Most people do not get the DaVinci comparison at first glance, so if you saw it right away I give you major bonus points. To me, it’s just great fun to see this painting converted to a T-shirt. It’ll get more exposure this way, I hope, and sharing one’s ideas is what art is all about.



Join us on Facebook
Follow us on Twitter
Visit us on the web

All content and images;
Copyright © 2010 by Hetzel and McAllister. All rights reserved.

social media marketing and YOU

Good morning!

I studied writing in college, and I recall one particular class entitled “Writing For Media” that taught how to write news releases, radio advertising copy, TV ads, etc. That was 1995.

Well, it’s an entirely new world. Of course good writing skills never go out of style, but marketing has changed dramatically with the introduction of the internet. Now that we’ve started our own T-shirt design business, we’ve had to re-learn some basic concepts about marketing in 2010.

First, we’ve decided (for now, anyway) that we don’t need a marketing budget. *Shock*. A decade ago, that might have spelled instant failure in the business world, but thanks to the internet and its immediate global reach, we’re able to spread our message for free. Social media outlets like Facebook, LinkedIn, and Twitter are wonderful ways to convey our ideas and meet potential customers.

Secondly, there are social bookmarking sites like Digg and StumbleUpon and Delicious. These sites spread your web url to other members in response to the interests they listed upon joining. We joined several of these sites last week, and though we’re still learning how to use them, they seem to be working. (In fact, don’t tell Graham, but I’m secretly addicted to StumbleUpon).

We also participate in online forums, which are incredibly helpful online communities of like-minded people willing to share tips and advice about a particular area of interest. For us, the best we’ve found is We also started this blog (the one you’re reading right now), which is another online vehicle not only for marketing but for sharing information.

All of these media, in one way or another, provide an opportunity to market your business.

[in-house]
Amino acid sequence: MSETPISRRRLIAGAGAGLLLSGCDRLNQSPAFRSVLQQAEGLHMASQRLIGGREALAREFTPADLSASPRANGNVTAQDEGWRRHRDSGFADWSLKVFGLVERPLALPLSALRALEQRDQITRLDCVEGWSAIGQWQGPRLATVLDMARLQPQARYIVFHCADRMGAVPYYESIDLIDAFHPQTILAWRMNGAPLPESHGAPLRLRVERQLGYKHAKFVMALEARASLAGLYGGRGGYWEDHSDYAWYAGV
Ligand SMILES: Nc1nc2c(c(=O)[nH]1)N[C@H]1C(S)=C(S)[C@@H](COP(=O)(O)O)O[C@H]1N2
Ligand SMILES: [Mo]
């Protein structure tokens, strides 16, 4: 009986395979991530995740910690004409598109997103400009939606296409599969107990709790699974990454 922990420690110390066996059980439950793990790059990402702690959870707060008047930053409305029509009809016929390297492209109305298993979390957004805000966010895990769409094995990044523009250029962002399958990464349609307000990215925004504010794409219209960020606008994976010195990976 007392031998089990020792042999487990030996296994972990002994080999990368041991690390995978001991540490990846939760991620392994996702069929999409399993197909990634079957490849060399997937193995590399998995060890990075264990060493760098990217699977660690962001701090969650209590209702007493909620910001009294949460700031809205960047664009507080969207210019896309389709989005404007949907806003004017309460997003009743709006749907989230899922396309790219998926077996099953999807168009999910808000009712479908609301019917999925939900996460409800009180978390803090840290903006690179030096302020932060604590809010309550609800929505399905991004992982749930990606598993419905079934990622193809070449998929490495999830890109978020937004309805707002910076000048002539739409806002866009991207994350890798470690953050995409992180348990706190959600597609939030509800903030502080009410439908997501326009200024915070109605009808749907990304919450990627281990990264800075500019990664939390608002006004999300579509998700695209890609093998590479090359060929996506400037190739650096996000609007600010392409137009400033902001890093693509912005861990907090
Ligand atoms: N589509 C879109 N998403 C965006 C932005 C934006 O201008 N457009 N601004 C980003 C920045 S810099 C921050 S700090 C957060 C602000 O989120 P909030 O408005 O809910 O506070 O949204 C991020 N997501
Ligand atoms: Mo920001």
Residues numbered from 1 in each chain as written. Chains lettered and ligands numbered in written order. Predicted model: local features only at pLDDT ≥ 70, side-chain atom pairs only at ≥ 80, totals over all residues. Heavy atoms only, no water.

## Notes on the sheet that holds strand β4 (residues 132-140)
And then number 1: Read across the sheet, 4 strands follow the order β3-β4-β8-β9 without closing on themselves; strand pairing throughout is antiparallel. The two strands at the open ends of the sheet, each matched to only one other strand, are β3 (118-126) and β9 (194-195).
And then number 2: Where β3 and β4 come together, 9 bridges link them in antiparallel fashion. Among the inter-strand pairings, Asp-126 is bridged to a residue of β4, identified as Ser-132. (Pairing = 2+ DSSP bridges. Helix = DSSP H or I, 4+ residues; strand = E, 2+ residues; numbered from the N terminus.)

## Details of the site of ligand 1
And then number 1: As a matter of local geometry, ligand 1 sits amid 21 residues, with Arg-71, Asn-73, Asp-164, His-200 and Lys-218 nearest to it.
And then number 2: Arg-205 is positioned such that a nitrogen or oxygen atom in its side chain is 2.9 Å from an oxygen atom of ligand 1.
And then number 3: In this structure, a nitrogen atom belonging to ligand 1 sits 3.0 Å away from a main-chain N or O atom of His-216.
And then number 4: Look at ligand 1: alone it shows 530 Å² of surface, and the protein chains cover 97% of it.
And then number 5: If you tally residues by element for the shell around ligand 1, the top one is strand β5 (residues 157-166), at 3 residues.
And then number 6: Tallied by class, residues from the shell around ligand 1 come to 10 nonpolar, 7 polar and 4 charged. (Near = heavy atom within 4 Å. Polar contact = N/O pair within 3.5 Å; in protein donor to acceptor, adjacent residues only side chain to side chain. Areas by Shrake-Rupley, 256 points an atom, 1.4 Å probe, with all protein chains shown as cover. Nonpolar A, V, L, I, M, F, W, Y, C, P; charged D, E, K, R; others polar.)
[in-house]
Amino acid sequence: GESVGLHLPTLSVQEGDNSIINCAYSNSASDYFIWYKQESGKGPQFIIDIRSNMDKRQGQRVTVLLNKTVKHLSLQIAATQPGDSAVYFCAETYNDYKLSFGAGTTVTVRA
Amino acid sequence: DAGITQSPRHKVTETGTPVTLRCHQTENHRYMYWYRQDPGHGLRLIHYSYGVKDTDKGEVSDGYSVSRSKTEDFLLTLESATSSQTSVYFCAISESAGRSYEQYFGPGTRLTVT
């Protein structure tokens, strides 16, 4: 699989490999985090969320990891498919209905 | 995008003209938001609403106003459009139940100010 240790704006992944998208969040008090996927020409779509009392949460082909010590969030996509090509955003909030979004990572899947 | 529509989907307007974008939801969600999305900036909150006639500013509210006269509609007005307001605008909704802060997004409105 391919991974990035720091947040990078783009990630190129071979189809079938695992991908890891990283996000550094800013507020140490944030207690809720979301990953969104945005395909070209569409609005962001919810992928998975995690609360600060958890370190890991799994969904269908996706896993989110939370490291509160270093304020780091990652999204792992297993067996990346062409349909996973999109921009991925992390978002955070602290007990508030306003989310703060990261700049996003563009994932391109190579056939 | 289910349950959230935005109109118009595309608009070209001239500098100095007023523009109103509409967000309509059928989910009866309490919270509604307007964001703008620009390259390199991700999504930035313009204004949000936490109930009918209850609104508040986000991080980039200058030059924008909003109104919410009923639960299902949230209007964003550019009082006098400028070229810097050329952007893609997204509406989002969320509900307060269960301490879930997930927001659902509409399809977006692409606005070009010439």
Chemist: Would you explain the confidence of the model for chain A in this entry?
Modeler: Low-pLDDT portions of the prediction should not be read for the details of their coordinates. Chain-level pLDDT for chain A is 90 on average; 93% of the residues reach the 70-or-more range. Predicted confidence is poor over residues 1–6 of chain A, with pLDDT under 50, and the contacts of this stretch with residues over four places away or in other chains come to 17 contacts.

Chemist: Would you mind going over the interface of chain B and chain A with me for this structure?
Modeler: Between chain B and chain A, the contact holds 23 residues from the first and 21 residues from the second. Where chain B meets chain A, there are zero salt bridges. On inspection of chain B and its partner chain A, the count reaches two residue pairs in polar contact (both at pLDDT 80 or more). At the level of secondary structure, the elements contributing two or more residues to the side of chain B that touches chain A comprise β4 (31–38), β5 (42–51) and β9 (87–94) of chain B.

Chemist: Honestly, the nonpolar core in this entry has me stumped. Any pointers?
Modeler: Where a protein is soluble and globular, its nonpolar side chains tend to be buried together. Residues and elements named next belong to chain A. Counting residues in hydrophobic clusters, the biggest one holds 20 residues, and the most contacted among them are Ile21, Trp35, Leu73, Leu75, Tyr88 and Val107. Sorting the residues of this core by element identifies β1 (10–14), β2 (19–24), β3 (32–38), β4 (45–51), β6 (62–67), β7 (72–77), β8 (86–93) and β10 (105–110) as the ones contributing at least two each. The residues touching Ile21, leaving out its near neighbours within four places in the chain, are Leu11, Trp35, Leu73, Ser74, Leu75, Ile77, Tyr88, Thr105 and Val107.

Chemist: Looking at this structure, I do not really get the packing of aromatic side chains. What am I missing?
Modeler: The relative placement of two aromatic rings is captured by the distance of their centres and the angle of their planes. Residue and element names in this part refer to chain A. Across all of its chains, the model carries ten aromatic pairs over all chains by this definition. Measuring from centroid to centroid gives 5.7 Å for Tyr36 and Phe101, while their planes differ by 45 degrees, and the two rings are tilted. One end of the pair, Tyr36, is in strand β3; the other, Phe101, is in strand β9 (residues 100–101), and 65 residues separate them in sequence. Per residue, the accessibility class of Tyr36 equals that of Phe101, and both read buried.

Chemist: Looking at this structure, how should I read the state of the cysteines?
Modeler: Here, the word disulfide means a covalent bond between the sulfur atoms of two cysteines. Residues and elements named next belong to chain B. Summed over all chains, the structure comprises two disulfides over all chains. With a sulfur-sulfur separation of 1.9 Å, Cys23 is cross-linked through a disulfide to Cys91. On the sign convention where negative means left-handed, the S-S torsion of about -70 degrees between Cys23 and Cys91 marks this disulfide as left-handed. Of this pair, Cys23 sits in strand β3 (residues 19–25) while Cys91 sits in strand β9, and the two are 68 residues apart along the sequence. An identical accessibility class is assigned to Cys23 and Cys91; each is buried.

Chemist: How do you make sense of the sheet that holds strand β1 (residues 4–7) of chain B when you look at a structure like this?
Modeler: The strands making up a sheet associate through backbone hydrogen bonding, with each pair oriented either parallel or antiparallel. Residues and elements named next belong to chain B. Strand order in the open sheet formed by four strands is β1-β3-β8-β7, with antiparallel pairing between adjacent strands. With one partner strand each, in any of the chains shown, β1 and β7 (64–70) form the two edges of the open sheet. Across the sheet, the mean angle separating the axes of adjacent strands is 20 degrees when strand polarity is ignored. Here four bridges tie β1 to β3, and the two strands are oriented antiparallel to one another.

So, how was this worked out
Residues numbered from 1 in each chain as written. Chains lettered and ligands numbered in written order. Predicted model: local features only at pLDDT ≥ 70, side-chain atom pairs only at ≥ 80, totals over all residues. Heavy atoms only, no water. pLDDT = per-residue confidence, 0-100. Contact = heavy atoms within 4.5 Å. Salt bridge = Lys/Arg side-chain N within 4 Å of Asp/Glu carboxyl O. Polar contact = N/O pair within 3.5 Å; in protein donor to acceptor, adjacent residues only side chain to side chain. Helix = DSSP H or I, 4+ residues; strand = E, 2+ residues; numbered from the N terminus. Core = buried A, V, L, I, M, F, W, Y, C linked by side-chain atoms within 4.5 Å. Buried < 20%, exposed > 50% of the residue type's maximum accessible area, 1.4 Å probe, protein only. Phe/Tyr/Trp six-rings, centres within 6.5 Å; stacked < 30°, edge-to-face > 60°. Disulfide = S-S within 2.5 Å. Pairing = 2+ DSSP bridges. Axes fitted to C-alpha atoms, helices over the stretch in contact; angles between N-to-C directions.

But how do you get your message heard amid the internet’s gazillion others?

First, you have to market specifically to your particular audience. This is called “niche marketing.” Who are your potential customers? Identifying your demographic is important. If your business sells, say, hammers for left-handed people, then you have to search the internet for elements of that exact group (and believe me, the internet contains information on some very specific groups. One quick search on blog publisher WordPress yielded 177,588 results for “left-handed”).

You also need to find a way to help potential customers solve their problem quickly. When a customer visits your site, the site design should enable him to make his decision rapidly and efficiently, and to enter into the buying cycle with ease.

Establish a genuine online persona in order to garner trust and create relationships with potential customers. Just be yourself. Leave status updates on Facebook and let your personality shine through. Write blog posts that not only talk about your products, but help your customers solve their problems and get to know you better. People are more willing to buy things from someone they feel that they know.

At this point our business is only three weeks old, so we still have a lot to learn. But teaching a couple of old dogs new tricks is still possible. And, we have to admit, it’s fun.


Join us on Facebook
Follow us on Twitter
Visit us on the web